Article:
Tom Rosenbauer: Fly Reels for Beginning Anglers

In his latest podcast, Tom Rosenbauer offers an excellent introduction to the many considerations involved in choosing and setting up a fly reel.
“There have never been as many great fly reels on the market as there are today. There are many different price points, and there are many different places to buy them. Orvis, of course, makes great reels, but there are great manufacturers like Ross, Abel, and Tibor. The good news is that what you buy today is going to be less expensive with better features and better quality than what you bought ten years ago.
The first thing that you have to decide when you buy a fly reel is capacity. It goes without saying that you have to have a reel that will hold all of your fly line. In a lot of fisheries, in a lot of circumstances, the reel is really just a device for holding the line when you are finished at the end of the day or walking from spot to spot. And in many cases the reel also has to hold a sufficient amount of a material called backing. Backing is insurance.”

This entry was posted in Gear. Bookmark the permalink.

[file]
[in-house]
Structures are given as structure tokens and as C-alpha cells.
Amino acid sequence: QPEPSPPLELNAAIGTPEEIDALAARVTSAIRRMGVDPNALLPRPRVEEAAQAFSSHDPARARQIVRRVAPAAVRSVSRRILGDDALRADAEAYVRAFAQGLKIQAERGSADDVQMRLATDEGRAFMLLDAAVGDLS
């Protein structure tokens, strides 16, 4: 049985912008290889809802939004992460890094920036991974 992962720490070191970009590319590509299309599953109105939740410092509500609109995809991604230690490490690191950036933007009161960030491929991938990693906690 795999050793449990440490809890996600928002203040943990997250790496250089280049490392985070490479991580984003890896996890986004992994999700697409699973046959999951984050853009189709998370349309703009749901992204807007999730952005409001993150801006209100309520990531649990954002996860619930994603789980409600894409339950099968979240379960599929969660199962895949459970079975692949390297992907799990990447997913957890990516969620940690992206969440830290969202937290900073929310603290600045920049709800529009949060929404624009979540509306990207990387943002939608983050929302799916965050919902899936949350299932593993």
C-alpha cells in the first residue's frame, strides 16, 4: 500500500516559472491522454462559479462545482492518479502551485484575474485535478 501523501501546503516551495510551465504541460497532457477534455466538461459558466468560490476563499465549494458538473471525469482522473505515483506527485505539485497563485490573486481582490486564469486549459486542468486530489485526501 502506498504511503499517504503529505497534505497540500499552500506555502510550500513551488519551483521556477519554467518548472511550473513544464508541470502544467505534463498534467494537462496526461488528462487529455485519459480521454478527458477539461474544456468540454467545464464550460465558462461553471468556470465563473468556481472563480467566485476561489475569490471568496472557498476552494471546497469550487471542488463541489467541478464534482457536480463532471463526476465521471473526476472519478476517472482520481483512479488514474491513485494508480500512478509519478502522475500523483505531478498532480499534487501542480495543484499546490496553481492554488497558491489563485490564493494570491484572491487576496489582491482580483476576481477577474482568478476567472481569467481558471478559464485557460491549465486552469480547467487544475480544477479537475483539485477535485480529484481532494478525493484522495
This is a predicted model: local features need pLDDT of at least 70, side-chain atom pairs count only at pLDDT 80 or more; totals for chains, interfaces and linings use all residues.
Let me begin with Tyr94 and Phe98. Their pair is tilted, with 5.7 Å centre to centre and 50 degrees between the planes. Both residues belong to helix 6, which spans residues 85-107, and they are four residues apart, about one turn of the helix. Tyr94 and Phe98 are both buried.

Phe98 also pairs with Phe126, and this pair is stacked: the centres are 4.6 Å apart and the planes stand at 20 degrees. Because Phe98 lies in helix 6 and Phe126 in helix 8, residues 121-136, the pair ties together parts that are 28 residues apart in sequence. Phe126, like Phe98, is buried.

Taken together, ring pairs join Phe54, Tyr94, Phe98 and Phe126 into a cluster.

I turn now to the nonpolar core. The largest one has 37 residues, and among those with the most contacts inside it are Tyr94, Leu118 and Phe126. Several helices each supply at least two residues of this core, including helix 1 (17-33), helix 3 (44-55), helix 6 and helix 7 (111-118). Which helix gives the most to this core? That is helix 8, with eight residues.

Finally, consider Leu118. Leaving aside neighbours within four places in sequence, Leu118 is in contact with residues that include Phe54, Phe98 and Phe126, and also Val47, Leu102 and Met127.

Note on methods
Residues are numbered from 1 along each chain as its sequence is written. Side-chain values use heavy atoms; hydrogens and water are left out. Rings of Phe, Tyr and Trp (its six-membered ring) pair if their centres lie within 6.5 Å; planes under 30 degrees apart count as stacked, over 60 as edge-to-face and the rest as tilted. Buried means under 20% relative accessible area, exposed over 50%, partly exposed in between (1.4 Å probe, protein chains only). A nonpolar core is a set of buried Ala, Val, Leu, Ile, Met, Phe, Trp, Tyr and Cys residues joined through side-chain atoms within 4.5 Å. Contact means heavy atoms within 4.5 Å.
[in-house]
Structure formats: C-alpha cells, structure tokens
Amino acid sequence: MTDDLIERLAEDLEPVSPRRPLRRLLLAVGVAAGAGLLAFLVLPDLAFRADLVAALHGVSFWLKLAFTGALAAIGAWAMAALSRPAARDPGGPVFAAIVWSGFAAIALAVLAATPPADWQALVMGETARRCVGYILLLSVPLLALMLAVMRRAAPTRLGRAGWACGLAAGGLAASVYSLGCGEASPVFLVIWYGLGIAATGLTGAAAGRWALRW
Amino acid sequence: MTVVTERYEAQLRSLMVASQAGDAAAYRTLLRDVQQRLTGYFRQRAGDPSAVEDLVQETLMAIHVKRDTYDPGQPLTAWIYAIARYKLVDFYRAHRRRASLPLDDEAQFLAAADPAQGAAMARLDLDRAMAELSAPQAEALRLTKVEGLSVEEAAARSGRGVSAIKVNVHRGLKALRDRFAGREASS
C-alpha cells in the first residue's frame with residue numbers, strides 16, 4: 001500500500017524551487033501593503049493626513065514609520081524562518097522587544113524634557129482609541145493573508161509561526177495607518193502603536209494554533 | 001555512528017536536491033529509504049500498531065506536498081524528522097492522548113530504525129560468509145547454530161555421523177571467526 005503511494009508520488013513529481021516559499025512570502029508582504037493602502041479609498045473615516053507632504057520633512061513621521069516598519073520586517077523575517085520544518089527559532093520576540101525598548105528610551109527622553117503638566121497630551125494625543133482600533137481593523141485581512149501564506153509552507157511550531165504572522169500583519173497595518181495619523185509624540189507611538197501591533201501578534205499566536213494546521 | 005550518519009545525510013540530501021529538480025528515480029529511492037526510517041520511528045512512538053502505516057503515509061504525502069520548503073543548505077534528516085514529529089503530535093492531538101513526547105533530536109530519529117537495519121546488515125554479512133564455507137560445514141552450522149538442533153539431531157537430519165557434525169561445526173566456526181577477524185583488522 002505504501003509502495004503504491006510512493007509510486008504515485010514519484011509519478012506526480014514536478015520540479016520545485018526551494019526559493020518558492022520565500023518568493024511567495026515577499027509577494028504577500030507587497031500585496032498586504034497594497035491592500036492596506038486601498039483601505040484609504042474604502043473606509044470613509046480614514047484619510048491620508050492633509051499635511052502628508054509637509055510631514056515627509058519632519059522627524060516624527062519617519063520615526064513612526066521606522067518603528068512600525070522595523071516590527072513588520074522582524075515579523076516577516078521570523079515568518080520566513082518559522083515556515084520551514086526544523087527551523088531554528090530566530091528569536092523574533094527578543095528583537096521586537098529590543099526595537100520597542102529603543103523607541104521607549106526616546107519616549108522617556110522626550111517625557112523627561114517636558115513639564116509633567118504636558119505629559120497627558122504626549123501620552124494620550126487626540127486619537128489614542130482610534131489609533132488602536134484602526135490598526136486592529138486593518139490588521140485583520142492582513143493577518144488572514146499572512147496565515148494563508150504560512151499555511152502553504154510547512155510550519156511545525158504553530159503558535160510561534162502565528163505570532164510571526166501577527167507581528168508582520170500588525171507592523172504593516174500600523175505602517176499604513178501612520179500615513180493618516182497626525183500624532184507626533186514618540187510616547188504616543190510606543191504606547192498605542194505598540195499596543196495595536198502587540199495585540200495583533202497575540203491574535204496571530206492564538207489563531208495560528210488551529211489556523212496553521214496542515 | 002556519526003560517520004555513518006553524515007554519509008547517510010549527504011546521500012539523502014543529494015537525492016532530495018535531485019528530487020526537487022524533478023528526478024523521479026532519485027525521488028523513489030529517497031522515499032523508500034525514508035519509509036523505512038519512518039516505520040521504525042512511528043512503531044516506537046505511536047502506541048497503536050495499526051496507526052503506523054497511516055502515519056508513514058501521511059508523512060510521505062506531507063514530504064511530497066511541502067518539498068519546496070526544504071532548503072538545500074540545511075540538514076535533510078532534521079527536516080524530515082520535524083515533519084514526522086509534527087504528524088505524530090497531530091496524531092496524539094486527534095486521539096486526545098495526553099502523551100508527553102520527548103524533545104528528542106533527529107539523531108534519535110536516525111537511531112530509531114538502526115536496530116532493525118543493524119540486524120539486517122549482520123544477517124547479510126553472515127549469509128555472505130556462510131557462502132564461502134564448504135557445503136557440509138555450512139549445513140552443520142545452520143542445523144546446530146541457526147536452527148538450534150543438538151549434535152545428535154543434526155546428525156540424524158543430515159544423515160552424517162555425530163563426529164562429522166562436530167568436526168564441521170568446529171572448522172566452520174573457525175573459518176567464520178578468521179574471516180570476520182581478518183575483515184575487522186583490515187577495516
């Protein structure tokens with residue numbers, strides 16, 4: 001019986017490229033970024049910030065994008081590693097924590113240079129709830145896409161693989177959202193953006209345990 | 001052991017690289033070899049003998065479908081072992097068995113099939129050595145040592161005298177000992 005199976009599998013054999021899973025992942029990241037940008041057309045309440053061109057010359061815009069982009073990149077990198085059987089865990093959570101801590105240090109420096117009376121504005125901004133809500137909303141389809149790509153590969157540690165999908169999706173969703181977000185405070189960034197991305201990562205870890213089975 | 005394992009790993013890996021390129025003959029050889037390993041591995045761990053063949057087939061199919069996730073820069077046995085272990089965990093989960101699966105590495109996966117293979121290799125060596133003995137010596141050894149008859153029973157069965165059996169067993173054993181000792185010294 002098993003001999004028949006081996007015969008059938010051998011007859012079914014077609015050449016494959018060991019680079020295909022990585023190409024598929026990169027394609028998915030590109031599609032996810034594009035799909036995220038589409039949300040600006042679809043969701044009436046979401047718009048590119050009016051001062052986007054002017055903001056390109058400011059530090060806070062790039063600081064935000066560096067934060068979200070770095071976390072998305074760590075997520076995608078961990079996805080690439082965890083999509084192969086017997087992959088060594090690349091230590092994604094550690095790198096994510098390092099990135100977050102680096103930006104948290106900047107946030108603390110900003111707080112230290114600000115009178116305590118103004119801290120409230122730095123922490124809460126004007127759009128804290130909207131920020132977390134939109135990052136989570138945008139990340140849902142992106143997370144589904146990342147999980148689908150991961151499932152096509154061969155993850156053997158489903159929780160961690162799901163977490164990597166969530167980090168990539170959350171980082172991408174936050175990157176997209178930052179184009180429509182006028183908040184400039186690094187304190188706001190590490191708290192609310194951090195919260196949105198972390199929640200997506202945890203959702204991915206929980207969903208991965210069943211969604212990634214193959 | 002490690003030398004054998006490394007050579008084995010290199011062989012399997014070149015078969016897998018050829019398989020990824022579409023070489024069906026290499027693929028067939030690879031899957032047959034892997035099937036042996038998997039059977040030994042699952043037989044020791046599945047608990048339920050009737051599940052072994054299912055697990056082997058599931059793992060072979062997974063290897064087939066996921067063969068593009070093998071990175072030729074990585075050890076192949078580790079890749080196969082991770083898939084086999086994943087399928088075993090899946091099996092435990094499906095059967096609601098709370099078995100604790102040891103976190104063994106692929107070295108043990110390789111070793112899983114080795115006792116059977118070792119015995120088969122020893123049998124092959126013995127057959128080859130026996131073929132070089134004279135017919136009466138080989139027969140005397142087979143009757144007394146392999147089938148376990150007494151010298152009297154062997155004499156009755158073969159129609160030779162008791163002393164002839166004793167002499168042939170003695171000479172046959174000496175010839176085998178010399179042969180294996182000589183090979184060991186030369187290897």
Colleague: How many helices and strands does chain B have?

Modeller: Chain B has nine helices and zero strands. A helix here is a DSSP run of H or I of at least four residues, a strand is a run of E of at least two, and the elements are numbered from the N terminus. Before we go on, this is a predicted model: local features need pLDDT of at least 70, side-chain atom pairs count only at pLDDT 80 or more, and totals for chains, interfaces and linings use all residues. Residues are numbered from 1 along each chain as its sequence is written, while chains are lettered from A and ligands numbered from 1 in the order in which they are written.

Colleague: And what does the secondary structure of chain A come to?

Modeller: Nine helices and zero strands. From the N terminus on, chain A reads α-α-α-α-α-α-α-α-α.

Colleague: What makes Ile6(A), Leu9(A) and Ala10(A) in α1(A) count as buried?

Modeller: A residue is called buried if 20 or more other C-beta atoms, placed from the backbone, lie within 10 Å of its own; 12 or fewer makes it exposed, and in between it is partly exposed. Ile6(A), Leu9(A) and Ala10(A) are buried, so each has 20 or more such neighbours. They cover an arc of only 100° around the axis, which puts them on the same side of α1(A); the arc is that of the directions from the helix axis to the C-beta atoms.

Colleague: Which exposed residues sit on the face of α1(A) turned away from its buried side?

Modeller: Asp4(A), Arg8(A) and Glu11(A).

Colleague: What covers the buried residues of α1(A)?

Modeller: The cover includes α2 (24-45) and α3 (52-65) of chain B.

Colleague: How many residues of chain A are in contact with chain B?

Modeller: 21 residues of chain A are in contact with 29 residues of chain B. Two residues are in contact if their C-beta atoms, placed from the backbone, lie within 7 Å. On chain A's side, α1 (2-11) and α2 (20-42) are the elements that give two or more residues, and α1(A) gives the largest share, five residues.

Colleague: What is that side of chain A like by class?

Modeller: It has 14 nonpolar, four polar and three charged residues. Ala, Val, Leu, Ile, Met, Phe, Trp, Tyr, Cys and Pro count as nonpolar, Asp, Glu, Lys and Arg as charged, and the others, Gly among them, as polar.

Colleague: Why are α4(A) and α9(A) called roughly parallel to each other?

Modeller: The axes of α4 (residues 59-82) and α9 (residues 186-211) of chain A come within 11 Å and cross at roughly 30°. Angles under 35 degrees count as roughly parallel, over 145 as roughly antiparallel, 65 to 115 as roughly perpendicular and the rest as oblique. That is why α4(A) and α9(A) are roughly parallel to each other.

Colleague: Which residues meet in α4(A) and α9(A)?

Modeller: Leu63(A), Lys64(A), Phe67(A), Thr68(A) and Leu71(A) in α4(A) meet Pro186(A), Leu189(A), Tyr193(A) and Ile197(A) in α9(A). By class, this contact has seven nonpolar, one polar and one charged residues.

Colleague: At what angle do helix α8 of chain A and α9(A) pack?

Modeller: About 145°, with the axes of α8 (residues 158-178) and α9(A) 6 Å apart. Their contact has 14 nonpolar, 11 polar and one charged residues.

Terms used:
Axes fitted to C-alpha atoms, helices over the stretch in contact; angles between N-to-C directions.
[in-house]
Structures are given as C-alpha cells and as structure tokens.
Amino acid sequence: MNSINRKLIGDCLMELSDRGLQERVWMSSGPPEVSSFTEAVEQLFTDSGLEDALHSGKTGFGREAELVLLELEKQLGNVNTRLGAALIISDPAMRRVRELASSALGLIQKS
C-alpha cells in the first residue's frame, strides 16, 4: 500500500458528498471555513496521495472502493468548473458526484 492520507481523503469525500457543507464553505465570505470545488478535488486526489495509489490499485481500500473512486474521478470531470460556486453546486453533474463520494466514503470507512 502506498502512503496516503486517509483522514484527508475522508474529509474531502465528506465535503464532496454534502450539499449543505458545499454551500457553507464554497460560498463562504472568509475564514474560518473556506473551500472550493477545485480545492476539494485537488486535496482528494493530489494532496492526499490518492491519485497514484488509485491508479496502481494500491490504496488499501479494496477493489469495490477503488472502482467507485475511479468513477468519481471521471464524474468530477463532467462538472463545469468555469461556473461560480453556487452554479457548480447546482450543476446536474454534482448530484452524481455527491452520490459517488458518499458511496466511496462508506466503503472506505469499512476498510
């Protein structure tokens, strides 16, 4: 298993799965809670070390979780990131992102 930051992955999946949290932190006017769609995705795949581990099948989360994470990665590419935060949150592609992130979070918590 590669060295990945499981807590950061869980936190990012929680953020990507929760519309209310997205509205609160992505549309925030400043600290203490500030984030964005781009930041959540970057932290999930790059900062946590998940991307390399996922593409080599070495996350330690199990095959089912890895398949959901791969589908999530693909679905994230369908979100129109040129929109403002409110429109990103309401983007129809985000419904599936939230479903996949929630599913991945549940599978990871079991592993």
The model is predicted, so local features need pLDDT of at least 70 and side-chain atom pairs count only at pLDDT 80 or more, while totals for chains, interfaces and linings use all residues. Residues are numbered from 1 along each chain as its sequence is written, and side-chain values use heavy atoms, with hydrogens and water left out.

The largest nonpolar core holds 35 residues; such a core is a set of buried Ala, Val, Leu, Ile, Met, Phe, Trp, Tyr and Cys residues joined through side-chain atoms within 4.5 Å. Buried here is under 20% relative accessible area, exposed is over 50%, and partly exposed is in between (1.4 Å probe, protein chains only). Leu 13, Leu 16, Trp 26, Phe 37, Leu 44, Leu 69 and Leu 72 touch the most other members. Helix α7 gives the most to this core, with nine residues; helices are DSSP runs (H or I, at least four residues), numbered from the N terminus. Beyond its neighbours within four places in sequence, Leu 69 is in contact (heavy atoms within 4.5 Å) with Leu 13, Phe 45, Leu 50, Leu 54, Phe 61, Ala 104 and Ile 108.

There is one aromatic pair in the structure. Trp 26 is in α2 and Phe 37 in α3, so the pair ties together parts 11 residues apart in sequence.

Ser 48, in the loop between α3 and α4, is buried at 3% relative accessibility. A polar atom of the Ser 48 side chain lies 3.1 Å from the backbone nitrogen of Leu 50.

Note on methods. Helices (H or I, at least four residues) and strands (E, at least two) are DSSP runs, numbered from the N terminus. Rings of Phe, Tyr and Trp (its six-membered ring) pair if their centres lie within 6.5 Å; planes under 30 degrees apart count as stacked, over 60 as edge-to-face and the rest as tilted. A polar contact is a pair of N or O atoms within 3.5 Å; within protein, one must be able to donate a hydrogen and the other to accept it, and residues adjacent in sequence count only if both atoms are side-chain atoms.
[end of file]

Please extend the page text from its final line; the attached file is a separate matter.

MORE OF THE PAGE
• David Holmes

    I’ll now commit heresy (at least as seen by those who make their living selling gear):
    In fly fishing, gear is secondary to success. Is it fun to have a top quality rod and reel? Sure, and I’m glad I own some $700 rods and $400 reels, but with few exceptions (heavy duty salt water angling, for example), average quality and cost gear is just fine. For the majority of fresh water fishing, the $300 rod and the $150 reel will do the job.
    What is important is knowledge, skill and experience. If I had to bet on either the angler with great gear but limited skills, versus the highly skilled angler who can only afford medium level gear, the skilled angler would win every time. Generally, the fish don’t know how much you spent with Orvis, Sage or Simms . . . or care!